Energy and Environment

Turbulent and deterministic stresses in the near wake of a wind turbine array

Hamilton, N.M. , Tutkun, M. , Cal, R.B.
In: Whither turbulence and big data in the 21st Century? / Pollard, A., Castillo, L., Danaila, L., Glauser, M. (Eds.). - Springer International Publishing, 2017. - Print ISBN 978-3-319-41215-3, eBook ISBN 978-3-319-41217, 255-271.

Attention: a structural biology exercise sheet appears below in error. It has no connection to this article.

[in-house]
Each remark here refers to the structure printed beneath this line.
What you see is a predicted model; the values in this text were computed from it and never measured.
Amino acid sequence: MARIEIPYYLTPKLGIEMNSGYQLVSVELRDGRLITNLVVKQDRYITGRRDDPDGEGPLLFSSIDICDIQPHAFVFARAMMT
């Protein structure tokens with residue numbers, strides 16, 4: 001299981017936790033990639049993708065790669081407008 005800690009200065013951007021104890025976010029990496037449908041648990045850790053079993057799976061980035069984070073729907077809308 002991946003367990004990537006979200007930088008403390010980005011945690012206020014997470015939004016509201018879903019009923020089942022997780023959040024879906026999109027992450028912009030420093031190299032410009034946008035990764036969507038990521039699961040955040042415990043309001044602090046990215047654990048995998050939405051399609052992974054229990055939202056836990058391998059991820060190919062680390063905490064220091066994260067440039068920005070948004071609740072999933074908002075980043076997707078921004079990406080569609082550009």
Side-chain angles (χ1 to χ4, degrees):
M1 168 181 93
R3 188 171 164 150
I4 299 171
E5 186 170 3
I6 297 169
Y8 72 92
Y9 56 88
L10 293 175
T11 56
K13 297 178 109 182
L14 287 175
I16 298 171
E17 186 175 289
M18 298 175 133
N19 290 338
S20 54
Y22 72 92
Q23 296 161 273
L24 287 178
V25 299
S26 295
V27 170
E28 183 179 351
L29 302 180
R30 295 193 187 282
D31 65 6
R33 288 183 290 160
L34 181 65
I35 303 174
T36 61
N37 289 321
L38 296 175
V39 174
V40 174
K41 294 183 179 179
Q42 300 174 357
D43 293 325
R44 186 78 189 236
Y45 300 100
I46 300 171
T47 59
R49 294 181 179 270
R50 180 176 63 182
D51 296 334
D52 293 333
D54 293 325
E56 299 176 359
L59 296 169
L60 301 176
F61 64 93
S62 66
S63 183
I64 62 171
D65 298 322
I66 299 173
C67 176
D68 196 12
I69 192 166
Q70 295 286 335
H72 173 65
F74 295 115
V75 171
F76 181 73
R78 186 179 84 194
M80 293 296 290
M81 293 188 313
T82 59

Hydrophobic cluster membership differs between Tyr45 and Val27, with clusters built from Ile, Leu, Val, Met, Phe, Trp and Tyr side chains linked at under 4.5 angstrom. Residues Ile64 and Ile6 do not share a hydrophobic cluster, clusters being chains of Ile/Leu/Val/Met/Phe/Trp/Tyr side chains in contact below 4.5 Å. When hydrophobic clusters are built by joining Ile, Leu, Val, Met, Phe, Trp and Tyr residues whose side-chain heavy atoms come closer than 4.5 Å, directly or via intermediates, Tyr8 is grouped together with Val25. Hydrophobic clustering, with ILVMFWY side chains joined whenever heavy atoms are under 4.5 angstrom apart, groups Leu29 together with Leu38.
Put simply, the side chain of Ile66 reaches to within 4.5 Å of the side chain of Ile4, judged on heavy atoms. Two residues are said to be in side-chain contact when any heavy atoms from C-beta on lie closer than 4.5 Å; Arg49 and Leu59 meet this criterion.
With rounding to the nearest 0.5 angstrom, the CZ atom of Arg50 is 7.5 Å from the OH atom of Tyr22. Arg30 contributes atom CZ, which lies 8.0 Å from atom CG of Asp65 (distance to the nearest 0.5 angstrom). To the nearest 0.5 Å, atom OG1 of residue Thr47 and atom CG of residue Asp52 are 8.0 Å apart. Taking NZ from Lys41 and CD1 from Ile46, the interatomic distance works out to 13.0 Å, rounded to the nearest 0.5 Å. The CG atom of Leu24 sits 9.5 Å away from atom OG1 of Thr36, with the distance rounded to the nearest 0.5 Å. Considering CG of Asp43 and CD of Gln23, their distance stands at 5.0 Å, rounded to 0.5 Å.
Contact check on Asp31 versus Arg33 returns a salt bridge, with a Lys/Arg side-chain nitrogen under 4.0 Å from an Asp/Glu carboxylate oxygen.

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A wind tunnel experiment was conducted to investigate the evolution of the stress field in the wake of a wind turbine array boundary layer. Phase-locked stereo particle image velocimetry measurements were taken in planes parallel to the turbine rotor and progressing throughout the near wake. Turbulent stresses vary significantly as a function of phase angle of the turbine rotor blades in the near wake. The resupply of kinetic energy to the momentum-deficit area of the wake is accomplished largely through the flux term in the mean kinetic energy equation. Phase-dependent contributions to the total flux into the wake indicate that turbulent structures impart periodic increases in entrainment of high-momentum flow. Deviations of phase-averaged velocities from total mean values are used to formulate deterministic stresses, which provide relatively decreased overall contributions to the flux of kinetic energy into the wake. Contributions of deterministic stresses are redudeced in the wake due to turbulent mixing in the wind turbine canopy. Based on the observable dependence of the Reynolds stresses on the phase orientation of the rotor blades, decomposition analogous to that of the deterministic stresses is applied directly to the Reynolds stress tensor. Termed the tertiary decomposition, root-mean-square deviations of the phase-averaged from the time-averaged turbulent stress tensor, and associated contributions to the flux of kinetic energy are shown to be of the same order of magnitude as the turbulence and greater than deterministic contributions.
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